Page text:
Michigan's best offensive recruit of 2011 entered the program as a walk-on. [Barron]
It's that time of the offseason when I go back through the recruiting profiles for the class that just finished its five-year cycle, which brings us to...
Oh no. Ohhhhhhhh no. It's the 2011 hybrid RichRod/Hoke class, an underwhelming group at the time—ranked 26th in the composite—that didn't come close to living up to expectations. I promise this exercise will be less painful next year. Until then, let this serve as a painful reminder of how far the program has come in the last couple years.
This post on the offense will be mercifully short, at least; there were only seven scholarship players on that side of the ball in the class, and two didn't make it through their first fall camp.
Forcier Comparison = Accuracy
Michigan snake-oiled three-star dual-threat quarterback Russell Bellomy from Purdue shortly before signing day. By the time Brian got around to writing up Bellomy's profile, Shane Morris had already committed to the 2013 class, while Devin Gardner was waiting in the wings behind Denard Robinson. Bellomy's profile didn't exactly scream "future starter" regardless of the competition:
So what have they won? A developmental prospect. Bellomy's a bit like Justice Hayes in that he seems like a better fit for the offense Michigan just dumped. That might not be a big deal long term—unlike Hayes, Michigan actually got interested in Bellomy after the transition—but Bellomy is not Chad Henne. He's described as an "efficient spread offense QB" and completed only 58% of his passes on a run-heavy team. He rarely broke the 20 attempt barrier. Opposing coaches($) say stuff like "he was much more effective in the pocket than we expected" and "you have to respect his passing ability as well." He needs work.
Bellomy's YMRMFSPA was "pick a Forcier" due to his mobility and reputation as a "riverboat gambler." The comparison worked in that Bellomy flamed out of the program. You know the story well: Bellomy entered the 2012 Nebraska game over Devin Gardner, then moonlighting at receiver, when Denard Robinson hurt his elbow, had a disastrous three-interception performance, and never saw meaningful time again. He transferred to UT-San Antonio for his senior season, attempted ten passes as their backup quarterback, and left the program only a month into the 2015 season.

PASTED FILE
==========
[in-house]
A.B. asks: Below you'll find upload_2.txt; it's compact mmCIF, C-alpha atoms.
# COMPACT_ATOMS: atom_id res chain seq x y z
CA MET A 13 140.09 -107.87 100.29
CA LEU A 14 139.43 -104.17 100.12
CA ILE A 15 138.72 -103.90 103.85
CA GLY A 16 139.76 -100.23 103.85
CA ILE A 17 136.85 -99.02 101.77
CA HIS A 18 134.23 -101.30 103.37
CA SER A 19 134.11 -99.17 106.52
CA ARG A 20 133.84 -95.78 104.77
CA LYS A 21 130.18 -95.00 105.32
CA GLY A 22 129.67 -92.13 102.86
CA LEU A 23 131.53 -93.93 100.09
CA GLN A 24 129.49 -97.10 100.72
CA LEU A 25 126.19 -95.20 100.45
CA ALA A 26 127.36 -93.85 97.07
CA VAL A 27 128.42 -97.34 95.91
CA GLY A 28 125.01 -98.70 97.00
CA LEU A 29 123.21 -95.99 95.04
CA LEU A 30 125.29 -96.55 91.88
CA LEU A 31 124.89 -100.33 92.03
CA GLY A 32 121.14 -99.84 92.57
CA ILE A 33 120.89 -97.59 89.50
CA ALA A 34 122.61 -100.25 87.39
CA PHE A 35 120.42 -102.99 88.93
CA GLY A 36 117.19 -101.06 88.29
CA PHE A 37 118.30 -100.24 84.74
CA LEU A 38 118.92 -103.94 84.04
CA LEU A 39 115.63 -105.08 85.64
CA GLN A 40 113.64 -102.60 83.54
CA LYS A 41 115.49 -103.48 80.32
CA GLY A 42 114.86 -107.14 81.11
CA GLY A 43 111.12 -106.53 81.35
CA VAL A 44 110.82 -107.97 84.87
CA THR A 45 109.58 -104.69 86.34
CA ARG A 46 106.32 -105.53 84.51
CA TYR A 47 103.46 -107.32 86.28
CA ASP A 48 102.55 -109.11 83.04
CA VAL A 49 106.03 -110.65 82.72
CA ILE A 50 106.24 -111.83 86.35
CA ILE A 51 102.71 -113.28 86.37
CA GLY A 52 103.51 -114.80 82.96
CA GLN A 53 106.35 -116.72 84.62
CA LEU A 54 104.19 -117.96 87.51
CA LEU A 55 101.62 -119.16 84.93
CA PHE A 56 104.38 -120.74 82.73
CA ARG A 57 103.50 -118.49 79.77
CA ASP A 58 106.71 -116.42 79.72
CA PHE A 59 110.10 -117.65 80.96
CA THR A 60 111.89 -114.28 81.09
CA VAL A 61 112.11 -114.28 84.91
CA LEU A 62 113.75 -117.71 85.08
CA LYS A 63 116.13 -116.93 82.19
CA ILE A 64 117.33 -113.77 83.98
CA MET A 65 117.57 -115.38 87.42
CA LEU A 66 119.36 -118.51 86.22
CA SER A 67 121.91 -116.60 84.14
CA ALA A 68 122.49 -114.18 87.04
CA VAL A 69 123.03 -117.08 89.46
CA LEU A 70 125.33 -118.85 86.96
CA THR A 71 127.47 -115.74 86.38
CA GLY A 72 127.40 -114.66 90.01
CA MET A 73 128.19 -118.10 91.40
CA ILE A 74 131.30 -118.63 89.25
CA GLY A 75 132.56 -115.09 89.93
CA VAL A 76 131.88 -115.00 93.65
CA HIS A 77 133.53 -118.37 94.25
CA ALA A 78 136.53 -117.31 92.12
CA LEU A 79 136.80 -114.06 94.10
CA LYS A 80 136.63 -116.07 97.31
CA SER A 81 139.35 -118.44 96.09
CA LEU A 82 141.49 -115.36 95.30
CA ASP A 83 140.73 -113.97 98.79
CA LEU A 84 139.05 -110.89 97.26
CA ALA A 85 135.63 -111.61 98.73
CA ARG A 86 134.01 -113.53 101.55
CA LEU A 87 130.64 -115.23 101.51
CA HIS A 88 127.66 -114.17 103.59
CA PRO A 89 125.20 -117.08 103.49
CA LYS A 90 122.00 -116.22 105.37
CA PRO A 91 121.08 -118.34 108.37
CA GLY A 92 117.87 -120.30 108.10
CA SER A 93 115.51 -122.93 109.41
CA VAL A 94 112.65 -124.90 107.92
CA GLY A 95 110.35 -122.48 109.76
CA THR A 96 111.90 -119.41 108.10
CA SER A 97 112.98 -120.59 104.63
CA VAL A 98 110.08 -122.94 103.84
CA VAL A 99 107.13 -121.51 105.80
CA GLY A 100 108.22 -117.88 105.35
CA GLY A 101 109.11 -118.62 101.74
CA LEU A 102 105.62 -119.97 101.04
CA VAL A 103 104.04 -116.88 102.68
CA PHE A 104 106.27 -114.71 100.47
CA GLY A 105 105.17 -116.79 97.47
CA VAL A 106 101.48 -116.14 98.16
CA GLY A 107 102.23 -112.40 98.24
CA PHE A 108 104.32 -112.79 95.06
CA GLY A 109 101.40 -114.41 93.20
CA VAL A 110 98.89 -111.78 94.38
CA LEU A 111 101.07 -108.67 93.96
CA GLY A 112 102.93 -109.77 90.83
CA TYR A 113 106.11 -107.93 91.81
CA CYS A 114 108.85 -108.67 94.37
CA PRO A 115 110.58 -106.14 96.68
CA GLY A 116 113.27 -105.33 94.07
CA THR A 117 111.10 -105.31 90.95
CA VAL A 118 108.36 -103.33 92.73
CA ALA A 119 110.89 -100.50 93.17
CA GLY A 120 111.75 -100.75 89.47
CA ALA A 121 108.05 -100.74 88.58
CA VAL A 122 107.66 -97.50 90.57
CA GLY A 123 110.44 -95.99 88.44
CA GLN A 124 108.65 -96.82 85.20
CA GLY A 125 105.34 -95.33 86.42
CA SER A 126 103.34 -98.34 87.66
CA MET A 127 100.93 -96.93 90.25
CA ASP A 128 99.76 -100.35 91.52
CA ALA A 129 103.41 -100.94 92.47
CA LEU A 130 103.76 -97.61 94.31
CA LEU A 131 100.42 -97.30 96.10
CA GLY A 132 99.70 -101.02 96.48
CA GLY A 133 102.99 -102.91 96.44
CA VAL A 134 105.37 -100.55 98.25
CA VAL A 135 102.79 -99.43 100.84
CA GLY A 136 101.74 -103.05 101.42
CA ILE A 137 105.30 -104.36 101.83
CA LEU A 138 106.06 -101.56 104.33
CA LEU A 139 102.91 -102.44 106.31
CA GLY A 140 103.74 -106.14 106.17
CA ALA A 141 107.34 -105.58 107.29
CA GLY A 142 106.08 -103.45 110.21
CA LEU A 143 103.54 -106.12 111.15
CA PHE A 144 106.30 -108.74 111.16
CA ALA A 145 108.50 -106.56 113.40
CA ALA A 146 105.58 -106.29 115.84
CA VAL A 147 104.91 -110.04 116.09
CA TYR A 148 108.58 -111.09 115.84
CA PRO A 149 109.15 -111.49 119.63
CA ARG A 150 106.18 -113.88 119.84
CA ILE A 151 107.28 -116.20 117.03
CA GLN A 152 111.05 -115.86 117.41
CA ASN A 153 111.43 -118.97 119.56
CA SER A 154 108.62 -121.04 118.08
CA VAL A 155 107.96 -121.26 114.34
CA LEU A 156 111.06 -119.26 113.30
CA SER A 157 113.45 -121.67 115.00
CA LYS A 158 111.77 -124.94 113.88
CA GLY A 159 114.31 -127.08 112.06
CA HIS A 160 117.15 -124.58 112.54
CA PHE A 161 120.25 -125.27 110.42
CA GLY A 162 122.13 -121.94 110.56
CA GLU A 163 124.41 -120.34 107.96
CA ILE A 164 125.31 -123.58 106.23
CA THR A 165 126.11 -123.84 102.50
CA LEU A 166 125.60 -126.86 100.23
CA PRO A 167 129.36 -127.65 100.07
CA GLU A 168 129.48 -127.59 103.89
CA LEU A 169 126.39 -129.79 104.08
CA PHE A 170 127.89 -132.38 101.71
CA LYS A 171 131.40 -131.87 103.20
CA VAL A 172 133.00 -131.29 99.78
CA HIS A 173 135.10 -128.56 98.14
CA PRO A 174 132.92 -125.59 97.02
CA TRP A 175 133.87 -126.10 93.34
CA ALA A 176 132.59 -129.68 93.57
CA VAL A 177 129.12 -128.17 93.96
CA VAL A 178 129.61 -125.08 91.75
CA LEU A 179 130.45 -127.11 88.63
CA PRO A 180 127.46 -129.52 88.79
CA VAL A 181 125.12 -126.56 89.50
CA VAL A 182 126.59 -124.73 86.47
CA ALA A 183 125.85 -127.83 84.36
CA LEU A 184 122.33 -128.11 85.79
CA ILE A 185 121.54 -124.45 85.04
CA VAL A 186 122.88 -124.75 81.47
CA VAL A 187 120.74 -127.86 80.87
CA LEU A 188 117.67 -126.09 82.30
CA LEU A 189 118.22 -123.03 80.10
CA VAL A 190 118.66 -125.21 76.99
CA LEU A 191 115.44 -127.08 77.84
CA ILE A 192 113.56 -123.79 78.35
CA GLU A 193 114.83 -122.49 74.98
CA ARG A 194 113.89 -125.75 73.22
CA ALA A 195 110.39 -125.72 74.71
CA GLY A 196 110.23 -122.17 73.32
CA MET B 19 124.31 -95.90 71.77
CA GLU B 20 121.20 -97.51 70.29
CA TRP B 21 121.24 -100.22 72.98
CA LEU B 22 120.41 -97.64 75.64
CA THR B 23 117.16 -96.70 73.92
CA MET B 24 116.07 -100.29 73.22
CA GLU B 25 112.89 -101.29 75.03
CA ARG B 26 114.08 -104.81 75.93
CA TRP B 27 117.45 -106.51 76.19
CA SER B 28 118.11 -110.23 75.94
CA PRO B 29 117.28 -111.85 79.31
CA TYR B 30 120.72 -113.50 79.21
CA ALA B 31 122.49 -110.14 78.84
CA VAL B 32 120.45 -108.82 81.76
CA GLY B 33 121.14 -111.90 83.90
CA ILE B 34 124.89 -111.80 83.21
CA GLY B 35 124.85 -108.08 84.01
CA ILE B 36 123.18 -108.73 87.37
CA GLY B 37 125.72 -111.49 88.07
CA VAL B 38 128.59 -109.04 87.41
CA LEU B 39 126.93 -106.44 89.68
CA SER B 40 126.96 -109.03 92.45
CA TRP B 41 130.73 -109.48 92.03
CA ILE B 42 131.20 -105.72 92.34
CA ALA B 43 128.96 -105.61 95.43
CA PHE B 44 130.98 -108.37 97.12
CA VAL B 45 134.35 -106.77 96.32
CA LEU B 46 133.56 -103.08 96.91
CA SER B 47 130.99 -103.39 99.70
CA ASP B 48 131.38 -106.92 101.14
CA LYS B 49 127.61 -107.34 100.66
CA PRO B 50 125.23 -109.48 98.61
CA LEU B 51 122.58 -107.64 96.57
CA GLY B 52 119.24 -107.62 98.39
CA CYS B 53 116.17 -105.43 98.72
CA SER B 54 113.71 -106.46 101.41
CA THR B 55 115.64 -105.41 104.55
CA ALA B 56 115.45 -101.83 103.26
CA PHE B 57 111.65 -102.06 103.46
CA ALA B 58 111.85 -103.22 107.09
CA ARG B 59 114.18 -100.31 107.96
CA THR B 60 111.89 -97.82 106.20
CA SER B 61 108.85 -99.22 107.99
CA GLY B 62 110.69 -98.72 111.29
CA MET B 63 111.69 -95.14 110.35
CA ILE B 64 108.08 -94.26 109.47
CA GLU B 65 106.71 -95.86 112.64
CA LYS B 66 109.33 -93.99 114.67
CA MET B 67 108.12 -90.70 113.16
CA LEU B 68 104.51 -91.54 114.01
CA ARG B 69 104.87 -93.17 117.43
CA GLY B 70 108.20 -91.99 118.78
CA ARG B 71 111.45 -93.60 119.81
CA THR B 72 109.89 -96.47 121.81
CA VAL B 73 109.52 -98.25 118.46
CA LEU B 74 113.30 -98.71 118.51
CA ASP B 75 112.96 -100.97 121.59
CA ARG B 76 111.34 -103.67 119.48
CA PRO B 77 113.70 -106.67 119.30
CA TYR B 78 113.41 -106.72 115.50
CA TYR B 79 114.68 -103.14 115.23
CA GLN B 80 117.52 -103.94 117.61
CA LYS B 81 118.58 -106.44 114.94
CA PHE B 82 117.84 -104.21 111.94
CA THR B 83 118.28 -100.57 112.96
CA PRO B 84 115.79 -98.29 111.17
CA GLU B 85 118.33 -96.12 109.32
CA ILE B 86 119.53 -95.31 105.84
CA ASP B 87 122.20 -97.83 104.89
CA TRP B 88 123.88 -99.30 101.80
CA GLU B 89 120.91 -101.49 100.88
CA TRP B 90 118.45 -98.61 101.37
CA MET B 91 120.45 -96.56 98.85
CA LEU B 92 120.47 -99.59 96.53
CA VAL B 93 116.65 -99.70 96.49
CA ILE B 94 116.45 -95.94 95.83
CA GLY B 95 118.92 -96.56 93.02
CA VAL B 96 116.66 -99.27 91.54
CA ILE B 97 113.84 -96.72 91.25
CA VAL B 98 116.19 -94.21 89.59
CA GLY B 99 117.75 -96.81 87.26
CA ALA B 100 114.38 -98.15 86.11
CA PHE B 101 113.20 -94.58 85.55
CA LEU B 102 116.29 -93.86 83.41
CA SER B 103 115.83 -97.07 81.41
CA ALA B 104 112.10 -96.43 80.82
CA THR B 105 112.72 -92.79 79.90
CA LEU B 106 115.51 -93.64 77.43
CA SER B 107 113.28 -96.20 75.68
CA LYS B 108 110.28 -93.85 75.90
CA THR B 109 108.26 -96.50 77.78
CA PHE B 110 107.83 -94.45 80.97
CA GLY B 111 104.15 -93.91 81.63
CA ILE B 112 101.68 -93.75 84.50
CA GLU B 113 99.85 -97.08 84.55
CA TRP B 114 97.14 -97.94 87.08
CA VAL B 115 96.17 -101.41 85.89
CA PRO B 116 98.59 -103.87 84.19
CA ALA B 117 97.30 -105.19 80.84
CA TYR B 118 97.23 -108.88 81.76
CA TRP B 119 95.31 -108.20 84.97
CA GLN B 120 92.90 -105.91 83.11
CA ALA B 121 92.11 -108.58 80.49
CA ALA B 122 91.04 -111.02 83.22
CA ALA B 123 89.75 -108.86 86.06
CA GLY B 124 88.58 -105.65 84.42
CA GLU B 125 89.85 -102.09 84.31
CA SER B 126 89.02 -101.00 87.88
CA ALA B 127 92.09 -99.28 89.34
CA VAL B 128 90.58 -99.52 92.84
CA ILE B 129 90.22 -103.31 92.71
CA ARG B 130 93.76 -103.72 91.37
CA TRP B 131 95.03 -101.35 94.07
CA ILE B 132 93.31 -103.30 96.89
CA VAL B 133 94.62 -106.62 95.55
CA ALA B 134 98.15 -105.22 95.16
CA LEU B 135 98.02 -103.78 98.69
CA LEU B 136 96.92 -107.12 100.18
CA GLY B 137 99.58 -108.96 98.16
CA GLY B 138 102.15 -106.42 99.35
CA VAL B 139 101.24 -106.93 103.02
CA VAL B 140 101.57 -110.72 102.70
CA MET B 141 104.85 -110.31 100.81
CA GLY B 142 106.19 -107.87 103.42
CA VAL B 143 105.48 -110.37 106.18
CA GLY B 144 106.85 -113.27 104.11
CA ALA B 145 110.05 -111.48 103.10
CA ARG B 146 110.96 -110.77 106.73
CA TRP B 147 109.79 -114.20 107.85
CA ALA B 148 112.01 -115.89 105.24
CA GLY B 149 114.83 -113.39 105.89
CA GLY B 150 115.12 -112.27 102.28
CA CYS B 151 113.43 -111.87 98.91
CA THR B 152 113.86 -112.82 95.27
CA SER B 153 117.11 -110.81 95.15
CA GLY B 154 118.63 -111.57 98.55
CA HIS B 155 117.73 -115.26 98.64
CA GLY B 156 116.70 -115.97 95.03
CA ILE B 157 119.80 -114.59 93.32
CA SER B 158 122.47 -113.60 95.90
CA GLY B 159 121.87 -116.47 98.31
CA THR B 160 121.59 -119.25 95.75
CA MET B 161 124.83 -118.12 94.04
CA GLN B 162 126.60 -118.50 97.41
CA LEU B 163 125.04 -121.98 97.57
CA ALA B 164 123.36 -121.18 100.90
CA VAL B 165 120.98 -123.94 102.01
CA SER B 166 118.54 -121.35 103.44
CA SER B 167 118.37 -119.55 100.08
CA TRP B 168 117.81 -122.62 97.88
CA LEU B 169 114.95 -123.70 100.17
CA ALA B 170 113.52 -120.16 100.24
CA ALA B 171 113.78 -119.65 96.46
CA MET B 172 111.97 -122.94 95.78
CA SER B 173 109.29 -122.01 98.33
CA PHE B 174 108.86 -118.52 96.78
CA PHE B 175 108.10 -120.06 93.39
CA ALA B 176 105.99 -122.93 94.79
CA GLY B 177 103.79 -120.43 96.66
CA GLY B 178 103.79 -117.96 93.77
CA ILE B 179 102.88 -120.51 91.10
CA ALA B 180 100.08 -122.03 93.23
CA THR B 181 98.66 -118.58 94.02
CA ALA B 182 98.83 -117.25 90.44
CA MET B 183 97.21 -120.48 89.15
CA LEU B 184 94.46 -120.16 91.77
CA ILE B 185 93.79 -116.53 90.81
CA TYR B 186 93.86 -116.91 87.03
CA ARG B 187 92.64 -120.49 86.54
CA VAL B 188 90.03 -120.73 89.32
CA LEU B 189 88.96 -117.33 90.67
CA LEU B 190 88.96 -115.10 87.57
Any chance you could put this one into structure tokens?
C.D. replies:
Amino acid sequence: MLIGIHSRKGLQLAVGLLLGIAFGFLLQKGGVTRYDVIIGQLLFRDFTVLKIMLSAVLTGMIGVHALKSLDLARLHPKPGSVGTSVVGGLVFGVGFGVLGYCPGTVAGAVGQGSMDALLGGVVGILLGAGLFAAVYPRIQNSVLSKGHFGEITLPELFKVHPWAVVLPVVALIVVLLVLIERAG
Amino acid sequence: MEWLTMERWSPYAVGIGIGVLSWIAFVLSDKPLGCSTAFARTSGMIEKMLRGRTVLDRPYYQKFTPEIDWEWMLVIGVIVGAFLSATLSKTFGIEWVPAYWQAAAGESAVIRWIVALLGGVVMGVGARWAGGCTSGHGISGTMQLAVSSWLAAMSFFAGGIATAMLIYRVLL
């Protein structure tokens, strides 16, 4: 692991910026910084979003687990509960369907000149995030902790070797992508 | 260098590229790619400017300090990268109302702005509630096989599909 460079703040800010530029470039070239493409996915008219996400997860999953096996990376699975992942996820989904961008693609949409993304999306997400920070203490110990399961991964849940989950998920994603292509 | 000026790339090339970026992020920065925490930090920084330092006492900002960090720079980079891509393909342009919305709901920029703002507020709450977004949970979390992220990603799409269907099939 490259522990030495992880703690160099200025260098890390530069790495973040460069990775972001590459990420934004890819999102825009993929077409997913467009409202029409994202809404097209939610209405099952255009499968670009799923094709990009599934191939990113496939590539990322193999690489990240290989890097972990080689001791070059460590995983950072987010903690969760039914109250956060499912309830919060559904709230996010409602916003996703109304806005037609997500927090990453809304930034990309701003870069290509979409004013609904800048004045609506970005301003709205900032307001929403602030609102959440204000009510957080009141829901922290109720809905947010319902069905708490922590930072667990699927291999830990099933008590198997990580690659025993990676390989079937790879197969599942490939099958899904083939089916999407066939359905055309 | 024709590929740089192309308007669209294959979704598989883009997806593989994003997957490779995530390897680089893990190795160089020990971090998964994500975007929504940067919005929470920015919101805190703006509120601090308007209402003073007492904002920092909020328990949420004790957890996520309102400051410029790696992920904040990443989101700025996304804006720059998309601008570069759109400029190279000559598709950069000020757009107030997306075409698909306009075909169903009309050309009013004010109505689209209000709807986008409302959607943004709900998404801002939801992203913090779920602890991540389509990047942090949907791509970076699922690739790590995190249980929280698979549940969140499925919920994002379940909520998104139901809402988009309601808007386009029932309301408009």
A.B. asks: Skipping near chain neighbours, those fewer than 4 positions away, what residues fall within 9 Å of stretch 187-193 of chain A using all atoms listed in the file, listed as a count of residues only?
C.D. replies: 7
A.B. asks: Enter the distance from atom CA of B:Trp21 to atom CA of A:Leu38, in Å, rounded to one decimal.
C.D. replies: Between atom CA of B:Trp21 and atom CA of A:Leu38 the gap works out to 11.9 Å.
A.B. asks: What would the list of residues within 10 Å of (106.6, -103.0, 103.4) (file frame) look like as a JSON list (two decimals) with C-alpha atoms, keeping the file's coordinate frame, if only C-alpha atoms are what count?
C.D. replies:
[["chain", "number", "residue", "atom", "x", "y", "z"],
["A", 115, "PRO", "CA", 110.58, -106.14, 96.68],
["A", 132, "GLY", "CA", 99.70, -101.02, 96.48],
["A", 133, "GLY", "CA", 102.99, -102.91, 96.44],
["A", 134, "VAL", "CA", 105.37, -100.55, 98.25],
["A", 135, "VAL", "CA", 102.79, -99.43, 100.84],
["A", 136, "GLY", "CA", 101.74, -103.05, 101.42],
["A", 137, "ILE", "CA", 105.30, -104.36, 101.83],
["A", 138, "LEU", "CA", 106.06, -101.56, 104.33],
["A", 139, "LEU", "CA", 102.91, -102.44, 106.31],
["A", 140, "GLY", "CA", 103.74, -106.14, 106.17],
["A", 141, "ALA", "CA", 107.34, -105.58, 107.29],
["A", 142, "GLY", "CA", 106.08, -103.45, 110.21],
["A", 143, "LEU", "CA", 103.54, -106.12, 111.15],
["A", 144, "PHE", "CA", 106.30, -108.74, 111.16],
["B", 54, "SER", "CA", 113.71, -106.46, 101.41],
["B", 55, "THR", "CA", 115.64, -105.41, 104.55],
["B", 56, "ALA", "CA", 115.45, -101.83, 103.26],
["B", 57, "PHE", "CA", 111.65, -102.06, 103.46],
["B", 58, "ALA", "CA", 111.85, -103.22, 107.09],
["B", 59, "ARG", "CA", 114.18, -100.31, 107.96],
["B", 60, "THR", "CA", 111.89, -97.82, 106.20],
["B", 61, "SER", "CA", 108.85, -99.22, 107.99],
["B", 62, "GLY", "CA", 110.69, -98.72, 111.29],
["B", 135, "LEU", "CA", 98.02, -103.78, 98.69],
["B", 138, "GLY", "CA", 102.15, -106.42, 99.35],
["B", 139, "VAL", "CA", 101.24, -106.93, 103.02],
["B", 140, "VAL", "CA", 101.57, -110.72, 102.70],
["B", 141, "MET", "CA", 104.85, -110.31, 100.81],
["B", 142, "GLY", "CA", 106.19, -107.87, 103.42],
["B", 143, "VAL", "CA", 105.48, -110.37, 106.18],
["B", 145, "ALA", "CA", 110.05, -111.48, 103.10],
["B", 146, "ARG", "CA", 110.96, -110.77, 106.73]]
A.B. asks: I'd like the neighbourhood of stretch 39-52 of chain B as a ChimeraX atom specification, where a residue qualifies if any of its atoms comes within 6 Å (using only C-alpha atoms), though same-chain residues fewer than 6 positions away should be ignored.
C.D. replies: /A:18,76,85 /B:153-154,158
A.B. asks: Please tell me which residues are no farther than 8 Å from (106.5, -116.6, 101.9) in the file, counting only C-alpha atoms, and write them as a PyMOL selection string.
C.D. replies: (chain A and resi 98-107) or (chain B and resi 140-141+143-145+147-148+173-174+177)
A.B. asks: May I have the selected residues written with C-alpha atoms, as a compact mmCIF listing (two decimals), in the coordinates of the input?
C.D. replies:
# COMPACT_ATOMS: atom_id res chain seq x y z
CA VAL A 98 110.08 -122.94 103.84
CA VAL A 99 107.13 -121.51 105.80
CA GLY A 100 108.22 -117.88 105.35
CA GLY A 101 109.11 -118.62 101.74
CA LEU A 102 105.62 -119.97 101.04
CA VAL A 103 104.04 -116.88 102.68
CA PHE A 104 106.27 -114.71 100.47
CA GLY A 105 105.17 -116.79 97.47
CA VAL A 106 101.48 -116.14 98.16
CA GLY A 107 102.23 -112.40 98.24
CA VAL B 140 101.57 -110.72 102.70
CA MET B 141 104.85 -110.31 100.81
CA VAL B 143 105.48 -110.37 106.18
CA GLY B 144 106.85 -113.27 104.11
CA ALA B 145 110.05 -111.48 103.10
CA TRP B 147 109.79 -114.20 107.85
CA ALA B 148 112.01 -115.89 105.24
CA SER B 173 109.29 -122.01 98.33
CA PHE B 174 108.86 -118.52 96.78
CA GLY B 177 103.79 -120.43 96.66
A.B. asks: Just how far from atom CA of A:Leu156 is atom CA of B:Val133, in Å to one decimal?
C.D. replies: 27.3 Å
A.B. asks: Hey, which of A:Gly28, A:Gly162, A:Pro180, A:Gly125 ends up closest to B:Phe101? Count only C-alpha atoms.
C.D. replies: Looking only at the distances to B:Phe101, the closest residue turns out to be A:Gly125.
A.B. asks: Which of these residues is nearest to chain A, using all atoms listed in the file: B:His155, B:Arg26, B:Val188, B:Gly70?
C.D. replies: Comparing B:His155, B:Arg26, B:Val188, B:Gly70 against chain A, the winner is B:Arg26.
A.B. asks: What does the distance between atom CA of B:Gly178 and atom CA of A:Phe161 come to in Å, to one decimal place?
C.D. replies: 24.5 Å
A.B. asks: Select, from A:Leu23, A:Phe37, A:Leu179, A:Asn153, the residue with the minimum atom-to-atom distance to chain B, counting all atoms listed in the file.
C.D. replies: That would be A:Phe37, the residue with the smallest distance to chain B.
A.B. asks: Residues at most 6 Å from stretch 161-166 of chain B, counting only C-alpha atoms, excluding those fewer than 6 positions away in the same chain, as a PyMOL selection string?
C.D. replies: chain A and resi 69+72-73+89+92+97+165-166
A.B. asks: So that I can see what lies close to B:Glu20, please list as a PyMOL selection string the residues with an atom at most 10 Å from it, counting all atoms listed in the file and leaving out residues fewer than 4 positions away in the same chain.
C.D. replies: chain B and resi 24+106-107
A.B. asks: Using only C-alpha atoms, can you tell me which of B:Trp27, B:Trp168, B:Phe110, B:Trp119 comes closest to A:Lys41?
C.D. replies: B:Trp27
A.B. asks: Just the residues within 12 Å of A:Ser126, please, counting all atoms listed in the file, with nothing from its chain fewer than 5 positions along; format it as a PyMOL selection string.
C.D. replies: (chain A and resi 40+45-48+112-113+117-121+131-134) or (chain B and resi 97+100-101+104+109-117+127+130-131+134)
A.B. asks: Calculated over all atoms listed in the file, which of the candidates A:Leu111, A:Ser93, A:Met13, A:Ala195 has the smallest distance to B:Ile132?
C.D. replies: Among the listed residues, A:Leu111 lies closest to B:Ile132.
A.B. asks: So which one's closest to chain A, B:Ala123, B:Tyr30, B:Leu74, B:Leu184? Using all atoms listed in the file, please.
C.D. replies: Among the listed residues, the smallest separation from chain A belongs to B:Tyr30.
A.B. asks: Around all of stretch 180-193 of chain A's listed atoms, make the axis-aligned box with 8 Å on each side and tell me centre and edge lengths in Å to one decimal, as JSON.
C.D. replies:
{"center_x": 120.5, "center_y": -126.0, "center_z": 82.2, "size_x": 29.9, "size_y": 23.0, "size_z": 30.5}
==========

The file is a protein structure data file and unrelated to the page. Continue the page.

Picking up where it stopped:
[Hit THE JUMP for, well, more pain.]
Dan Murphy at Bo's grave. A memorial day thing:
The cemetery groundskeepers say that during most weeks there are a few maize and blue trinkets at the foot of Schembechler's grave, but traffic really picks up in football season. On a spring day this year, there were a pile of pennies, a few Canadian dollar coins, a bell, a blue foam football, a couple of rusty "Beat Ohio State" buttons and an egg keeping Bo company. No one is quite sure what the deal is with the egg, but the best guess is that Bo often liked to jab at his guys by calling them "ham-and-eggers" when they weren't being as productive as they should be.
Women's College World Series on deck. A dramatic comeback win in game two of softball's super-regional sends them to Oklahoma City, with #1 seed Florida watching on TV. Michigan gets the late game Thursday (9:30 PM) against LSU; Alabama and Oklahoma are the other half of their bracket. All games are on ESPN, ESPN2 or ESPNU.
Meanwhile Brendan Quinn profiles Carol Hutchins:
Carol came along in 1957 and immediately raised hell. In fifth grade, playing with matches, she set a field behind the family home on fire. Two fire engines arrived to douse the flames. The Lansing fire chief pulled young Hutchins aside to let her know: "You're lucky you didn't burn down the entire southside of Lansing."
When her father arrived home in his blue trooper uniform, Carol ran up and said, "I have to tell you something: I burnt down the field."
She was grounded.
Even more satellite kerfuffle. SEC meetings are happening so there are more opportunities to ask southern college coaches about the scourge of satellite camps. They still don't like them. The reasons they offer are still a blend of hilarious and infuriating. Nick Saban is the latest, and he followed the script:
"I don't know how much it benefits anybody because all the people that say this is creating opportunities for kids, this is all about recruiting," Saban said. "That's what it's about. Anybody that tells you that. What's amazing to me is somebody didn't stand up and say here's going to be the unintended consequences of what you all are doing."